Cascade Lake

Researchers are examining the sediment from lakes such as Cascade Lake in southwestern Alaska to determine changes in climate through the amount of glacier melting as reflected in the amount of sediment accumulated in the lake each year.

Darrell Kaufman

Darrell Kaufman points out landscape features during a field trip with his geomorphology class.

A clearer picture of climate change is emerging from the sediment drawn from the bottom of Arctic lakes.

An international team of scientists, led by Darrell Kaufman, a Northern Arizona University professor of geology and environmental science, recently completed a five-year study that places the recent warming in the context of long-term climate change.

Because this warming occurred abruptly during the 20th century while atmospheric greenhouse gases were accumulating, these findings provide additional evidence that humans are influencing climate.

The evidence was found by generating a 2,000-year-long reconstruction of Arctic summer temperature using natural archives of climate change from tree rings, glacier ice and mostly from lake sediments from across the Arctic, a region that responds sensitively to global changes.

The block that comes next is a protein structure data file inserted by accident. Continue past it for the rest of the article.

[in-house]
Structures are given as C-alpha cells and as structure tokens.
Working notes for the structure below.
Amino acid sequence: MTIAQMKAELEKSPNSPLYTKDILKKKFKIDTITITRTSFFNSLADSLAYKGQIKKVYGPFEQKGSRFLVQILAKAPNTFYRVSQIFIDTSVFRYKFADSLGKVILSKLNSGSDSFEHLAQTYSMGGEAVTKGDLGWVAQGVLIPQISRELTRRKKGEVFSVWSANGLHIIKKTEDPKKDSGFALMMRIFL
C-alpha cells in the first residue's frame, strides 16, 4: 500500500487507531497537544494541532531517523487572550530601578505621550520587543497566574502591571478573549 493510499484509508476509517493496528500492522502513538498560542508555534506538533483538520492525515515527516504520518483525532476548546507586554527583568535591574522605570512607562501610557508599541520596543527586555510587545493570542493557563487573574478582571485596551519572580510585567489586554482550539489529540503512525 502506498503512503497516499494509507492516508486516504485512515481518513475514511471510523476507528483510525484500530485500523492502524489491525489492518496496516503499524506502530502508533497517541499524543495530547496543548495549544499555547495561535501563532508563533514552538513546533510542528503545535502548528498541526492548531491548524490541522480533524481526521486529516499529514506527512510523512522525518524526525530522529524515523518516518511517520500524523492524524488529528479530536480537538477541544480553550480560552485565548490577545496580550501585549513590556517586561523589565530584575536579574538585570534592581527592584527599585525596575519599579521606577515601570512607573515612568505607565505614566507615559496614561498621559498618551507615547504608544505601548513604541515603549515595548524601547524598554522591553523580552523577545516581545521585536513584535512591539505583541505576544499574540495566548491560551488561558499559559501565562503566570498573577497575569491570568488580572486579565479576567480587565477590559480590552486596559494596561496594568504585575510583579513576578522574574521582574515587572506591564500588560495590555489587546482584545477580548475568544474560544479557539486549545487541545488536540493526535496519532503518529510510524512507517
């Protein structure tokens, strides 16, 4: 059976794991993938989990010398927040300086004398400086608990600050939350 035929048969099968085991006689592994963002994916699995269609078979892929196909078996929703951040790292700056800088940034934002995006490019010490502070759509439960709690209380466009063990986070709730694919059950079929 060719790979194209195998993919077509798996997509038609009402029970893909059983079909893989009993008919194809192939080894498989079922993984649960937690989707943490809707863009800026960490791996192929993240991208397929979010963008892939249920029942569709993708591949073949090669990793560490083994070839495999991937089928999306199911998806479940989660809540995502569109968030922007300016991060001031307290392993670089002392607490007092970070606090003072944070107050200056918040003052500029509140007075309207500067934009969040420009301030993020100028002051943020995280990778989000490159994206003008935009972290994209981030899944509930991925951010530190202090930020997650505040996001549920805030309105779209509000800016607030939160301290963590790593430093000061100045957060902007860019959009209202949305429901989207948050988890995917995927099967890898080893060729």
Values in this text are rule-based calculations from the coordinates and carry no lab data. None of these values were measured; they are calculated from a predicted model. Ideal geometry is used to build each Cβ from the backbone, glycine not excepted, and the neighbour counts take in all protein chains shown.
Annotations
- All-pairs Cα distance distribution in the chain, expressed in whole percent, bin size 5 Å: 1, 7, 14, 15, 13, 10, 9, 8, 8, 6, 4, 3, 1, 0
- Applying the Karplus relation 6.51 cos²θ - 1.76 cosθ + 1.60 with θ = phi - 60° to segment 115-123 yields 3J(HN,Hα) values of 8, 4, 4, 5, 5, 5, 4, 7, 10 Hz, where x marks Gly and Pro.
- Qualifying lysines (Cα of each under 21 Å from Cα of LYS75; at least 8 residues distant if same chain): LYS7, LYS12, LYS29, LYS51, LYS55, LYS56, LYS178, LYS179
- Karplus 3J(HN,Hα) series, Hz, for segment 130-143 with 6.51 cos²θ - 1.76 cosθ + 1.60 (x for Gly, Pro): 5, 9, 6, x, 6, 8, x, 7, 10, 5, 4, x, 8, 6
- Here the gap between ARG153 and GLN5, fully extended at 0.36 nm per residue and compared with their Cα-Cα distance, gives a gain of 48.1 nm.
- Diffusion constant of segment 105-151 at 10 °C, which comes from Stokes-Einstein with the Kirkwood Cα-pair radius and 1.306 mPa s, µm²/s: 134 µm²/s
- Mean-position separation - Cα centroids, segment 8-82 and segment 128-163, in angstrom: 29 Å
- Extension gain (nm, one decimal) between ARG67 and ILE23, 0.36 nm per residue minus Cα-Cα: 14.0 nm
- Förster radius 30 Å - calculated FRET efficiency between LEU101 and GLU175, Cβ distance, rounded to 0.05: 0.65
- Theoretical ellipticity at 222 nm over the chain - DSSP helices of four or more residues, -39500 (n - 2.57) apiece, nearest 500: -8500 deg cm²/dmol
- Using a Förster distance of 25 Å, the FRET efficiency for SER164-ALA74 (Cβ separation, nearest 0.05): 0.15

“Our reconstruction shows that the last half-century was the warmest of the last 2,000 years,” Kaufman said. “Not only was it the warmest, but it reversed the long-term, millennial-scale trend toward cooler temperatures. The cooling coincided with the slow and well-known cycle in Earth’s orbit around the sun, and it should have continued through the 20th century.”

He said during the past few decades, the Arctic has warmed at two or three times the rate of the rest of the world, and this enhanced warming is expected to continue.

“The Arctic amplifies climate change as reflective snow and ice are replaced by dark, heat-absorbing water and vegetated surfaces,” Kaufman explained. “This has consequences globally because, as the Arctic warms, glacier ice will melt, contributing to sea-level rise and impacting coastal communities around the globe, and thawing permafrost will release methane adding to the global greenhouse effect.”

Arctic climate change research
gets further funding